I reached out to communities where Boko Haram were recruiting. It was very dangerous, but I had to go there and connect with the women. They threatened me at first, but gradually became cooperative, and apologised for their lack of understanding of my intentions. I established a dialogue with them. At the same time, I reached out to the government, especially the security forces. To them, any youth in society is Boko Haram, because when they attack or kill, they then run back to their communities and take refuge in their own houses. So in response, the government burns their houses and arrests all of the young people there without differentiation. The toll was too high, so I had to intervene through rehabilitating and reintegrating communities in which Boko Haram had been operating.
Why is reintegration important and how do you advocate for it?
We have to reintegrate former fighters by introducing intra-community dialogue, by bringing together men and women who are not currently communicating. Women were not viewed as important in issues affecting their communities. We discovered that some of them had found out that their kids were becoming members of Boko Haram and had pushed them even further – and even helped them by storing guns, but had not told their husbands.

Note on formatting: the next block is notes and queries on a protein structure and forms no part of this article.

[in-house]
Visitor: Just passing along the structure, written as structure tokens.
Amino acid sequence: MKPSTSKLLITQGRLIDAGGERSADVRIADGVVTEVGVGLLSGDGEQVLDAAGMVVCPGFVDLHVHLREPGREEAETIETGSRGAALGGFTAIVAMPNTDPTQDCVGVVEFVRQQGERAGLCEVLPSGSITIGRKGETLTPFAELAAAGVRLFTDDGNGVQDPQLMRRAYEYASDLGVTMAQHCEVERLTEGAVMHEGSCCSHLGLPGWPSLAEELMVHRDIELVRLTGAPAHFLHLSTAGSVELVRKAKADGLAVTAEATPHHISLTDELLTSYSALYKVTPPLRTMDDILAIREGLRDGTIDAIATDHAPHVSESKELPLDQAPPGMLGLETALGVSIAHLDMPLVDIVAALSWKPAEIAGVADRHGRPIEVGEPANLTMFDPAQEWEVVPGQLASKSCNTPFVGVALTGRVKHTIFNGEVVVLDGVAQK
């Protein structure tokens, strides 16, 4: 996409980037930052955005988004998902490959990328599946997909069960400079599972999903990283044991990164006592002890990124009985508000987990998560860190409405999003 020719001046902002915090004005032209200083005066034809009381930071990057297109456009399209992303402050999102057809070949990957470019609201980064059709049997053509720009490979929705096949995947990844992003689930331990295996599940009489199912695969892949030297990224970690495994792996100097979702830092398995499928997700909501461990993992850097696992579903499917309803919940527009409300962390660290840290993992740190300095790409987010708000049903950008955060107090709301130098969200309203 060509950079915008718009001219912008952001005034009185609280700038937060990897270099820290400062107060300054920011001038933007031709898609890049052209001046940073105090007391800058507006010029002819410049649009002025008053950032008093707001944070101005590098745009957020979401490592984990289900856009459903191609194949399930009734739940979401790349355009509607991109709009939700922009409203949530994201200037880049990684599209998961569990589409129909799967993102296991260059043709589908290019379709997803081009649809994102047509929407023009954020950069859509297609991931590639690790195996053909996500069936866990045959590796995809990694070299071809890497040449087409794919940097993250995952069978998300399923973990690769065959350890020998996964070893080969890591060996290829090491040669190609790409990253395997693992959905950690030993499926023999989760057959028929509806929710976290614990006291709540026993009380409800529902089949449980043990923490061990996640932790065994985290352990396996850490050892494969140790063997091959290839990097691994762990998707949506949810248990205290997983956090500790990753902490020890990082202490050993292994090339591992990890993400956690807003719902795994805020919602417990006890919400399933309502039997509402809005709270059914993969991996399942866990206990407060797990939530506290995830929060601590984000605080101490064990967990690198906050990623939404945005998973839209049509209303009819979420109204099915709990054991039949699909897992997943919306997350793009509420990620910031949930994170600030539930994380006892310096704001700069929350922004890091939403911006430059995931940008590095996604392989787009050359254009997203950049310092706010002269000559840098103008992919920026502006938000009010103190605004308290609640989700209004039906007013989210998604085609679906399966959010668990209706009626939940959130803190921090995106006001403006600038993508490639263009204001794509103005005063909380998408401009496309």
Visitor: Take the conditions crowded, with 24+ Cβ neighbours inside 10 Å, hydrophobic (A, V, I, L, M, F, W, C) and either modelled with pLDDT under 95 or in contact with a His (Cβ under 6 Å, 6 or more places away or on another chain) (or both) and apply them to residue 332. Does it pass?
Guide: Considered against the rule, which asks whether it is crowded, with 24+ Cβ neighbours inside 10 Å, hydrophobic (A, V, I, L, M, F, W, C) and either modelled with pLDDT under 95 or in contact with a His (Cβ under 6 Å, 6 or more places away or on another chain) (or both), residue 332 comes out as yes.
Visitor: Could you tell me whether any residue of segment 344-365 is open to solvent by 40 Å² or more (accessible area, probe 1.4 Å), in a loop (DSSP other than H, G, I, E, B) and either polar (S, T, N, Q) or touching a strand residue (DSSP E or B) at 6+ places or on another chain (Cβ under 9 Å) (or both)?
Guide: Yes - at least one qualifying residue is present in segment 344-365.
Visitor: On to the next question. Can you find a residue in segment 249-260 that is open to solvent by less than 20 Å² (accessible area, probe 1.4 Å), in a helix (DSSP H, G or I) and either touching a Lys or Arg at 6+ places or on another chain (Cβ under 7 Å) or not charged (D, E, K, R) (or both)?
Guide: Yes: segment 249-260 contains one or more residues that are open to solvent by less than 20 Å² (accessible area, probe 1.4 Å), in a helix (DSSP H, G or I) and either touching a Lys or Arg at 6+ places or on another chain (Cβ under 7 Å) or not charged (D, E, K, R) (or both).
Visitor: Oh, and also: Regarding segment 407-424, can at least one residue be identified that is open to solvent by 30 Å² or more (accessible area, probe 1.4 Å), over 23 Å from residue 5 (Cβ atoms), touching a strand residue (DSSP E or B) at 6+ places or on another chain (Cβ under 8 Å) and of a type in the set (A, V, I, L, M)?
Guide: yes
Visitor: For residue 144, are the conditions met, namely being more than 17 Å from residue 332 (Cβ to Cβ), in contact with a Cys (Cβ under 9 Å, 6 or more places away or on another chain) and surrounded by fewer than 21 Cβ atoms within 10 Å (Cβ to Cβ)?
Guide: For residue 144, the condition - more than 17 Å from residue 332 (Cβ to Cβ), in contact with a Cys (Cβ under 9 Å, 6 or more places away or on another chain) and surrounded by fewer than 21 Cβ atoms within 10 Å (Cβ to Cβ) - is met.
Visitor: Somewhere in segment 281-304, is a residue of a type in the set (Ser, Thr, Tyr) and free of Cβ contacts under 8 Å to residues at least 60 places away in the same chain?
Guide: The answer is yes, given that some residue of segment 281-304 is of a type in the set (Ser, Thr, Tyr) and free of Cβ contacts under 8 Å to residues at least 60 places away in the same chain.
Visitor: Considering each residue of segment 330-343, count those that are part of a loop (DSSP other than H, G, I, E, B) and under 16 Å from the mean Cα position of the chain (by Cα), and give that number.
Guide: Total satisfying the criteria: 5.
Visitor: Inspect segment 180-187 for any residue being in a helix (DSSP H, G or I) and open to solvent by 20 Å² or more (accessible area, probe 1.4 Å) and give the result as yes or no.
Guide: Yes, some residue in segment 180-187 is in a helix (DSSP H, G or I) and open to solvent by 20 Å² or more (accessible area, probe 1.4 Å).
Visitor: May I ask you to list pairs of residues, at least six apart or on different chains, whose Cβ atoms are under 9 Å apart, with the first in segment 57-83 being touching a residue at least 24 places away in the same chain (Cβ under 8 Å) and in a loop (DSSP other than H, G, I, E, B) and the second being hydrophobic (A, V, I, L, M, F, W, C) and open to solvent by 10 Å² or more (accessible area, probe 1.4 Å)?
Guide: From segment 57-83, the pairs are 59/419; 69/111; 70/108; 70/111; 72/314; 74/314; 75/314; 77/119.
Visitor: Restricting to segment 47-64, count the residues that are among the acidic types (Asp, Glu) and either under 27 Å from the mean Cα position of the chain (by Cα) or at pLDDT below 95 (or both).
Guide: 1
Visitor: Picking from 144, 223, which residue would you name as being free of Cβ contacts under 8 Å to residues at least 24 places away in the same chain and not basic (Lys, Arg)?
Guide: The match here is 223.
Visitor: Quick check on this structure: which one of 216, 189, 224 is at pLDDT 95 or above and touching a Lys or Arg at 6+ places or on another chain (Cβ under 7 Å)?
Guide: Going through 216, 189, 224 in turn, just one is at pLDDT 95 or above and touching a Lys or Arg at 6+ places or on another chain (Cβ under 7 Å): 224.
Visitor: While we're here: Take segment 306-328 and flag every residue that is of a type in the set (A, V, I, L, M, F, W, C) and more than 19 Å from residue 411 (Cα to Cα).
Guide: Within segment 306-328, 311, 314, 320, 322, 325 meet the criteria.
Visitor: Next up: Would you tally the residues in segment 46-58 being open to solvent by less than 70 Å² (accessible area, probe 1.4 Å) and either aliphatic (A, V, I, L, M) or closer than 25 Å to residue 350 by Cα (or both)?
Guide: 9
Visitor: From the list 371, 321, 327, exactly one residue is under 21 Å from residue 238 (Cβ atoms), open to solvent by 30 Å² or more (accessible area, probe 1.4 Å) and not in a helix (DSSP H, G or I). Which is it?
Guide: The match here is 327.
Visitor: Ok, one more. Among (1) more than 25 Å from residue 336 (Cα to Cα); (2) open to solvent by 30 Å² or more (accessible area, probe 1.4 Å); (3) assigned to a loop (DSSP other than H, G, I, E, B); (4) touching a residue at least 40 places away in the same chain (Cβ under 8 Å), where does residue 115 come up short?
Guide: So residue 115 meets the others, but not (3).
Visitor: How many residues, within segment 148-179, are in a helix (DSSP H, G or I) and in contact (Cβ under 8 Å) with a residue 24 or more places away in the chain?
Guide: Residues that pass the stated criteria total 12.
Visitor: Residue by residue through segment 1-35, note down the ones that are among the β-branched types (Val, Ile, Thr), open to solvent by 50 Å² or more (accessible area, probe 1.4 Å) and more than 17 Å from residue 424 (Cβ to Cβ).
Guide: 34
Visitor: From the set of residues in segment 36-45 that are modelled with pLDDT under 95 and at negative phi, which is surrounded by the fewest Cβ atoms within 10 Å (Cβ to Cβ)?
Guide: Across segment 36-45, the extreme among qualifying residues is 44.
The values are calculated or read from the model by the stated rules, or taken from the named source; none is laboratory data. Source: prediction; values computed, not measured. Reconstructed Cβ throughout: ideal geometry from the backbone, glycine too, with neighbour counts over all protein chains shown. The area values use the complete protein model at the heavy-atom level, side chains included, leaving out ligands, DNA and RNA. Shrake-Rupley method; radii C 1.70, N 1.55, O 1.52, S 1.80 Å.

We also organised dialogues with schools to educate them about reintegrating children. We talk with the mothers, and we empower them economically, so they can support the education of their children. Our approach is a holistic reintegration of the residents of the whole communities. So, if you talk to them about bringing back their sons who have become perpetrators of violence, at least they have been healed of their own traumas, and they can accept them back. It is a forgotten area; we have to change the narrative and then demystify this misperception that Western education is forbidden, so I turned to Islamic scholars and big Islamic organisations.
How did you engage Islamic scholars?